When exhaustion hits, the typical response is to look for someone to blame. As a leader, typically the buck stops with you. This doesn’t mean you have necessarily caused the conflict. It means you must simply learn how to lead in seasons of exhaustion. It’s tricky to say the least. Have you learned what to do when you are exhausted? How have you dealt with it in the past? It requires being in touch with God. You must lean on good counsel and communicate well with those you lead.
We must learn to deal with exhaustion. It’s part of our call to do the hard things.
Fighting the Mental Battle
Like it or not, doing the hard things God asks you to do will often mess with your mind. Remember, it’s the primary battlefield where Satan wants to meet you. Do you know why? Because when you are physically exhausted, you are vulnerable to mental fatigue, and especially error. He knows this, so he plots and plans his attack. He is a deceiver “par excellence.”
All Satan wants and needs is a “beach head” in your mind. A small area where he can dig in. From there, he proceeds to work. This was the tactic of the U.S. Marine Corps as they attacked Iwo Jima during the WWII conflict. All they needed was a beach head. A small area of control. From there, they could methodically take the whole island in time. And they did!
Fight your mental battles with God’s help. Look strategically at the weak points in your life. That is where you are most vulnerable. That’s what Nehemiah did: “Therefore I stationed some of the people behind the lowest points of the wall at the exposed places, posting them by families, with their swords, spears, and bows.” (Nehemiah 4:13 NIV) Surprising as it seems, sometimes our mental fatigue can cause us to overthink our situation. When that happens, it is time to get out of our heads and listen carefully to our hearts.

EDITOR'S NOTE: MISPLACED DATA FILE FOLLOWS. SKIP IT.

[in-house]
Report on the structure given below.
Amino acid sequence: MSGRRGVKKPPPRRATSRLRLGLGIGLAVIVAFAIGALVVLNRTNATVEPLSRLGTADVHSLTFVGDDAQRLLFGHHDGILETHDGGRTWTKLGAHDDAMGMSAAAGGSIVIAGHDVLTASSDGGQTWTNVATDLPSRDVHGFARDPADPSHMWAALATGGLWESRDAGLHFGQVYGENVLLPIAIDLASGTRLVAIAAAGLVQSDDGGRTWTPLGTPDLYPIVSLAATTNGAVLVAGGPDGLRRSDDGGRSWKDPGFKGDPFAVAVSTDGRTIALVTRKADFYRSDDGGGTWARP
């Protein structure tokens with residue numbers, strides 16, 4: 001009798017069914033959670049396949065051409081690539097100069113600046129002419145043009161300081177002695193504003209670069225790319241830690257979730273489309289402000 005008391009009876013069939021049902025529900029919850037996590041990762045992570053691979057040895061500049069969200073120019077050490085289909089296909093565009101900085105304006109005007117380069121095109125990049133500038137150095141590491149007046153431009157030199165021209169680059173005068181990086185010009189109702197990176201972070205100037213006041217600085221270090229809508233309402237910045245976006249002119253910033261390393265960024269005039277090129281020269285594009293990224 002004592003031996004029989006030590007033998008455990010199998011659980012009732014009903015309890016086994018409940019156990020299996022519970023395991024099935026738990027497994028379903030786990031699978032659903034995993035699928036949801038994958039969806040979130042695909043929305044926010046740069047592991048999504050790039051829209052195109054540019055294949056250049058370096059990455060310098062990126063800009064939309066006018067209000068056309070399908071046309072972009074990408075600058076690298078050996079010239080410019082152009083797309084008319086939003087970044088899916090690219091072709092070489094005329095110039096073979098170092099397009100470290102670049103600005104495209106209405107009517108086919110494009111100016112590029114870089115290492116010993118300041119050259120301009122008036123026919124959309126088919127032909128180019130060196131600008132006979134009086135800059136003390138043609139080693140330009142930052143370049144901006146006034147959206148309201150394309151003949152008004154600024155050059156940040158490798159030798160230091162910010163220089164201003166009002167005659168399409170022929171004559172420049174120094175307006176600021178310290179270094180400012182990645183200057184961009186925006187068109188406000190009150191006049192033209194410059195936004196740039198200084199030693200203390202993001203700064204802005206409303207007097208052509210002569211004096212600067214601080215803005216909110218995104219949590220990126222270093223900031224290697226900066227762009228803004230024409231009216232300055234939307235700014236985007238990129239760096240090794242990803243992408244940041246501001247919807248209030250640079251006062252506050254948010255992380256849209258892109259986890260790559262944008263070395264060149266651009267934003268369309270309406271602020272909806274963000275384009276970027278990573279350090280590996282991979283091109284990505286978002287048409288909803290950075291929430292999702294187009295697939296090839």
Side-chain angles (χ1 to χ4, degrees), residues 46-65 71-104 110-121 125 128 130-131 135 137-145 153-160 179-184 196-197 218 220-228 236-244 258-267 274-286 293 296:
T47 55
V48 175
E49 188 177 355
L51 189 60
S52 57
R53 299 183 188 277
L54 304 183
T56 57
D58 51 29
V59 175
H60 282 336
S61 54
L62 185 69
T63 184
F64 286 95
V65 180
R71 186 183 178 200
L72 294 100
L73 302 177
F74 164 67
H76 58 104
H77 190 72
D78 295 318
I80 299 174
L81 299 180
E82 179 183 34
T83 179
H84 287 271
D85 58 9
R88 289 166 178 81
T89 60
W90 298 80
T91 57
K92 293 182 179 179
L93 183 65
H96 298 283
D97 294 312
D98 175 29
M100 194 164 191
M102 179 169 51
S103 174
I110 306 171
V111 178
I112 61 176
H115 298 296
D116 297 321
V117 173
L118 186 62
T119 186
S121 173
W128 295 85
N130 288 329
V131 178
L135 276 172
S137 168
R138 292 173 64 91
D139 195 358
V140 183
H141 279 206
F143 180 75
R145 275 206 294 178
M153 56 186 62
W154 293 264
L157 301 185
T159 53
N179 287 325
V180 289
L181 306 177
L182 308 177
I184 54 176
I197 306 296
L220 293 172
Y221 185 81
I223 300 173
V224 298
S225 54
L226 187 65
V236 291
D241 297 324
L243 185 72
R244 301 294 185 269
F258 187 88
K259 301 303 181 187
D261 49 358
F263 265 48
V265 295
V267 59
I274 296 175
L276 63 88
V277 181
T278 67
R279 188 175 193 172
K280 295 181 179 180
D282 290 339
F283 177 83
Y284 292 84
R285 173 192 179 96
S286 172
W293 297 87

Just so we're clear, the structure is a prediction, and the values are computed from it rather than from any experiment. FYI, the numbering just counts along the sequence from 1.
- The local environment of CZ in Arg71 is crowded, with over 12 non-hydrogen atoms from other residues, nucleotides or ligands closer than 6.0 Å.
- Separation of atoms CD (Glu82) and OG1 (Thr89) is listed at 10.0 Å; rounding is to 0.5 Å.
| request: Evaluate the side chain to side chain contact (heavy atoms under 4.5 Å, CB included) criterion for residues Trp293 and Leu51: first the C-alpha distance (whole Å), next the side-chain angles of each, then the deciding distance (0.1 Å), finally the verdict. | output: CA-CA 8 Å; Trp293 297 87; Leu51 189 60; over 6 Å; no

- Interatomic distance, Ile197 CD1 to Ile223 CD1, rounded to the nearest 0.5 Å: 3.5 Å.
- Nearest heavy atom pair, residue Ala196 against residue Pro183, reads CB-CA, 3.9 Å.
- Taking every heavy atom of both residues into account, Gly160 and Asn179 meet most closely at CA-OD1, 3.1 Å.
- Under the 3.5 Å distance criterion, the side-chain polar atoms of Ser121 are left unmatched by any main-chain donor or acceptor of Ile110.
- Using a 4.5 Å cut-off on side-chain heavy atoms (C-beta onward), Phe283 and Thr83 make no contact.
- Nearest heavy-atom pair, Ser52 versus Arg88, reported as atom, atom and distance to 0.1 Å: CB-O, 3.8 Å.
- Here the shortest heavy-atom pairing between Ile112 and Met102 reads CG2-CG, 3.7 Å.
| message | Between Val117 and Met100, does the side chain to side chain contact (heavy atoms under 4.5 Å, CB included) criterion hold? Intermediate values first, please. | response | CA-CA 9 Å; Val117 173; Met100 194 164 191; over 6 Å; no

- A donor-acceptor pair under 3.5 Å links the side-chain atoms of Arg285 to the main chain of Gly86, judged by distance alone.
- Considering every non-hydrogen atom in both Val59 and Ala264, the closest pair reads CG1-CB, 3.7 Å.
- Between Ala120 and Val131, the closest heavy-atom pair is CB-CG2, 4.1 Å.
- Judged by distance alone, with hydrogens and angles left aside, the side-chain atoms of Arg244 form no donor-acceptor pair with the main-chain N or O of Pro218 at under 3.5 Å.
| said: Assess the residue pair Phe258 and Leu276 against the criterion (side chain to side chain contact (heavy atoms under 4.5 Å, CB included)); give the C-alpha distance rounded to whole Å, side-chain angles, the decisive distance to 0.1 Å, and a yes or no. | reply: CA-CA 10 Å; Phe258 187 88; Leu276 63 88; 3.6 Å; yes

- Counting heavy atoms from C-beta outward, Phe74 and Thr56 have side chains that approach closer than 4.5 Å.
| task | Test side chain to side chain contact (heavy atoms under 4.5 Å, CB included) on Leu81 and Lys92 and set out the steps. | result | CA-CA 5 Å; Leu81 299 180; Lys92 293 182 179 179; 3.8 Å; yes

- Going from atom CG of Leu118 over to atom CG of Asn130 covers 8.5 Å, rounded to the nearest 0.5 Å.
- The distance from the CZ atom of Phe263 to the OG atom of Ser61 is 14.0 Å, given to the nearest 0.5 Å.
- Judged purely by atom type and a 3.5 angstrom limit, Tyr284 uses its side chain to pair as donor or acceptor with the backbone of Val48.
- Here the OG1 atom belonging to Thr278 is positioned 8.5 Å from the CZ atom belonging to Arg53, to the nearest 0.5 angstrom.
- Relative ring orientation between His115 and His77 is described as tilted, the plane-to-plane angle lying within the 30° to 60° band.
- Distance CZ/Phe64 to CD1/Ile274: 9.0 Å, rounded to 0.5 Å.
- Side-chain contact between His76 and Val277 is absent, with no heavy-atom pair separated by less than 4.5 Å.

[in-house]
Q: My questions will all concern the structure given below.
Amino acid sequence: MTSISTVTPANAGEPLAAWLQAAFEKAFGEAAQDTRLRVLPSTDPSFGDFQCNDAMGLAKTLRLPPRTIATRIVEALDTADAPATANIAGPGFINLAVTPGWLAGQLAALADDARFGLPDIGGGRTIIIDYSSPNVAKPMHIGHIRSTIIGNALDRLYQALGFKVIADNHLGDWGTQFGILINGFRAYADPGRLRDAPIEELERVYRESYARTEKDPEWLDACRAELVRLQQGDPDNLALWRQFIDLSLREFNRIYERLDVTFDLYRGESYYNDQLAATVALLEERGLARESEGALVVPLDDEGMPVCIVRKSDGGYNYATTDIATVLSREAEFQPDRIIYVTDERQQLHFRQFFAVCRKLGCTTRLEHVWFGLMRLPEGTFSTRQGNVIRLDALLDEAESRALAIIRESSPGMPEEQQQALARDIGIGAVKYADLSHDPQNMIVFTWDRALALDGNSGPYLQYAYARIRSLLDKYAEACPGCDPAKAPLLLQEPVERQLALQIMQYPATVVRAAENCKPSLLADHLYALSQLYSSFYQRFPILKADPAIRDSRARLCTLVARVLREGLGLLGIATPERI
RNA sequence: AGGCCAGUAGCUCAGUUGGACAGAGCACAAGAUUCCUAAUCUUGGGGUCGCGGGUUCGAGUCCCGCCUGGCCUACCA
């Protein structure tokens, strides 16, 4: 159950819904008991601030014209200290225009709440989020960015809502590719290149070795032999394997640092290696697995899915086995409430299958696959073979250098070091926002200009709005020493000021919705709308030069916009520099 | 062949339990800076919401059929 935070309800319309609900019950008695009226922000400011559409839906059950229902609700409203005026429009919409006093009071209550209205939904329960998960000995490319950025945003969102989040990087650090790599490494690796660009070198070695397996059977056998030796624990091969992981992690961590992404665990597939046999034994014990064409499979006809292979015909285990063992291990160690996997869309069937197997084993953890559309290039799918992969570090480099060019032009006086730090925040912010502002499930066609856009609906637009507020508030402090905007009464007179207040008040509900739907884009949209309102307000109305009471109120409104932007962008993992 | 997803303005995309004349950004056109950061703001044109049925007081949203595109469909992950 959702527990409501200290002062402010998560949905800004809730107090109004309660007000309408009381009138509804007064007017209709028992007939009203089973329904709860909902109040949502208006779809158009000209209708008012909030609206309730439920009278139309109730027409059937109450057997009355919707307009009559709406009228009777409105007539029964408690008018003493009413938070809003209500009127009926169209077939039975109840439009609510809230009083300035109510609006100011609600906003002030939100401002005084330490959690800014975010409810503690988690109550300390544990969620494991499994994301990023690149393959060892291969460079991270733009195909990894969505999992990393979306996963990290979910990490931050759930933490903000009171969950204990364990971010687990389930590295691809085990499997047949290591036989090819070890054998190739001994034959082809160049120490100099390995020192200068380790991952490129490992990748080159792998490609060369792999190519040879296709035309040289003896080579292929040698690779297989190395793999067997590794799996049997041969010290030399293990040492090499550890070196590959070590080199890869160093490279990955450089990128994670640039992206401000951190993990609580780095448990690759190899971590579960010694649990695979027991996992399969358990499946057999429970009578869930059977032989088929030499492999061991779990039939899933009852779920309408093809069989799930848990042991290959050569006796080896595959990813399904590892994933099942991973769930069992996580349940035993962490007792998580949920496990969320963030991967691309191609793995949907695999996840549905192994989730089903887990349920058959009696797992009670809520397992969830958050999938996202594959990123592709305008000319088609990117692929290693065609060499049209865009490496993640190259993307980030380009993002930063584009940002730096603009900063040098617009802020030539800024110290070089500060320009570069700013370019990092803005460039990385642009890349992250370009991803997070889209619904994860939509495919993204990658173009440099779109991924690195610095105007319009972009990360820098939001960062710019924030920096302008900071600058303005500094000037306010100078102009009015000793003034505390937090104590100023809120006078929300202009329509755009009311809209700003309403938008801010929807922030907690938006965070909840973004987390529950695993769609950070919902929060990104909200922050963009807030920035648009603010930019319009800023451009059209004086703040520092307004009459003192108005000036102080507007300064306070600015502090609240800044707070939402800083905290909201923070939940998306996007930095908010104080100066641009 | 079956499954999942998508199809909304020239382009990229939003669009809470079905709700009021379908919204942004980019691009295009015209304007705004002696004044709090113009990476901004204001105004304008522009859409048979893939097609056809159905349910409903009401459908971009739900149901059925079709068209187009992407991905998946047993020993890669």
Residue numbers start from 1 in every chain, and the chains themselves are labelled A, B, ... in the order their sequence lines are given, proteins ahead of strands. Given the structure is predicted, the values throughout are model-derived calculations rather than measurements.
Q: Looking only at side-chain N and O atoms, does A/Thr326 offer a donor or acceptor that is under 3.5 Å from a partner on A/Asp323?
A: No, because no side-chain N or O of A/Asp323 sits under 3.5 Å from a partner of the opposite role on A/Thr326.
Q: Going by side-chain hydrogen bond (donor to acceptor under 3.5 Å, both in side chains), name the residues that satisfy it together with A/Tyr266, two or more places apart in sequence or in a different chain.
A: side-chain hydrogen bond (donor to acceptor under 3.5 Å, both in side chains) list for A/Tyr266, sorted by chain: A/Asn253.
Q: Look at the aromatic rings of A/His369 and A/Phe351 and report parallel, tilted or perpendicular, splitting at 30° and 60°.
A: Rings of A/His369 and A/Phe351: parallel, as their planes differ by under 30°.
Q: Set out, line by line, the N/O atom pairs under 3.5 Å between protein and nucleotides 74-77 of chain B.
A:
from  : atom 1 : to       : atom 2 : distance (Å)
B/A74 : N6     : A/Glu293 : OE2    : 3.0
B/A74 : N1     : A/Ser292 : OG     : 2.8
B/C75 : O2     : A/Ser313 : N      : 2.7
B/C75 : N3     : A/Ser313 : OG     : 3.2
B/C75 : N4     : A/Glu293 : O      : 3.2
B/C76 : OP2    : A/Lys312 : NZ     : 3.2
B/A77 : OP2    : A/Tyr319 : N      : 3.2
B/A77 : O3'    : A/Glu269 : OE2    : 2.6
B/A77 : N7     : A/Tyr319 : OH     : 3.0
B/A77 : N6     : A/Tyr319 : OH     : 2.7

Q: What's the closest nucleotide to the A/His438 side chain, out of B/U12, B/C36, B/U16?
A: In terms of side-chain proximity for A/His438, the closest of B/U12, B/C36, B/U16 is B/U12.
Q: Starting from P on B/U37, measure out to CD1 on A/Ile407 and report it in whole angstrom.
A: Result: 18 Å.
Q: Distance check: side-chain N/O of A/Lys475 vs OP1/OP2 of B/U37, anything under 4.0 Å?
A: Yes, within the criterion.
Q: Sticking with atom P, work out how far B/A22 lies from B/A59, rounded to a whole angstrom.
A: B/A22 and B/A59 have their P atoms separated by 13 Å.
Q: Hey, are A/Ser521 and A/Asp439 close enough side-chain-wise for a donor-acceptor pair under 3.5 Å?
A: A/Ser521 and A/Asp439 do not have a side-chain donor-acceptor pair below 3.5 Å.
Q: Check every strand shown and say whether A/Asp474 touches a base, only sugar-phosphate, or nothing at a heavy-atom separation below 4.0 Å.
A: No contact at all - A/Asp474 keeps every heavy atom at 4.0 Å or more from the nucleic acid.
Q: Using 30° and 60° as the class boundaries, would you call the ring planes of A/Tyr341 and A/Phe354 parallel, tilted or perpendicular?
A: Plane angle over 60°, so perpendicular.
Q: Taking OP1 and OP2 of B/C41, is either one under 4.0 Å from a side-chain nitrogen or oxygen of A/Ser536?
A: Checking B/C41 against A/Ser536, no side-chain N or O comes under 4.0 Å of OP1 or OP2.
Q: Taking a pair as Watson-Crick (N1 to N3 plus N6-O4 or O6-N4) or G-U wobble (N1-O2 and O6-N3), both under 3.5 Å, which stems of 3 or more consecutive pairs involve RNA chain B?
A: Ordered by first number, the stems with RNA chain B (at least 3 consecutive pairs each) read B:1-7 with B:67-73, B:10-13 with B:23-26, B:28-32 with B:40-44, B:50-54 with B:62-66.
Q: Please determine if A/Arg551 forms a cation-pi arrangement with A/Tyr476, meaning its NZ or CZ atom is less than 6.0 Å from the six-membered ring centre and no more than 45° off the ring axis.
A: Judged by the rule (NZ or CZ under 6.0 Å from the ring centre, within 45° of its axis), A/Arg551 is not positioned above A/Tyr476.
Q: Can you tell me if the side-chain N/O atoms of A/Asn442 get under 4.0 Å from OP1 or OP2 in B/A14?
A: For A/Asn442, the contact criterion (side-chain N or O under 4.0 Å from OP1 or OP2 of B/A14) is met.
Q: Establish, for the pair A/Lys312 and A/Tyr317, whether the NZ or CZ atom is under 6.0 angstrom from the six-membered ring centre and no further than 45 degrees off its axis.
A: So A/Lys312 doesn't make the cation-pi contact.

Fighting the mental battle can be tough, but it is part of what we are talking about… doing hard things.
Becoming Part of the Miracle
Without a doubt, Nehemiah’s greatest challenge while doing hard things was keeping his faith alive, or “expecting a miracle.” Yet, he was absolutely convinced it would happen. Instinctively, he didn’t wait idly for his miracle to happen, but stayed active for the cause. With God’s help, he became the miracle. Nehemiah found the strength to bring his assignment to completion. It was finished in record time, 52 days… and against all odds.
You and I often play a great role in the miracle we’re seeking God for. Is there anything you have left undone? Or overlooked? Are you doing your best to not get distracted? It has been said that “Your enemy doesn’t need to defeat you; he only needs to distract you.” Nehemiah understood this when he told his enemies, “’I am carrying on a great project and cannot go down. Why should the work stop while I leave it and go down to you?’ Four times they sent me the same message, and each time I gave them the same answer.” (Nehemiah 6:3-4 NIV)
What miracle do you need today? Have you started out for God only to run into conflict and trouble? Don’t give up! If it were easy, everyone would do it. Keep in mind what God starts, He finishes. The God that gave Nehemiah his strength still gives the same strength to His children today. Yes, the strength that motivated Nehemiah to do the hard things can do the same for you.
*This article is adapted from Dr. Jon Chasteen’s sermon series from The King’s University chapel services.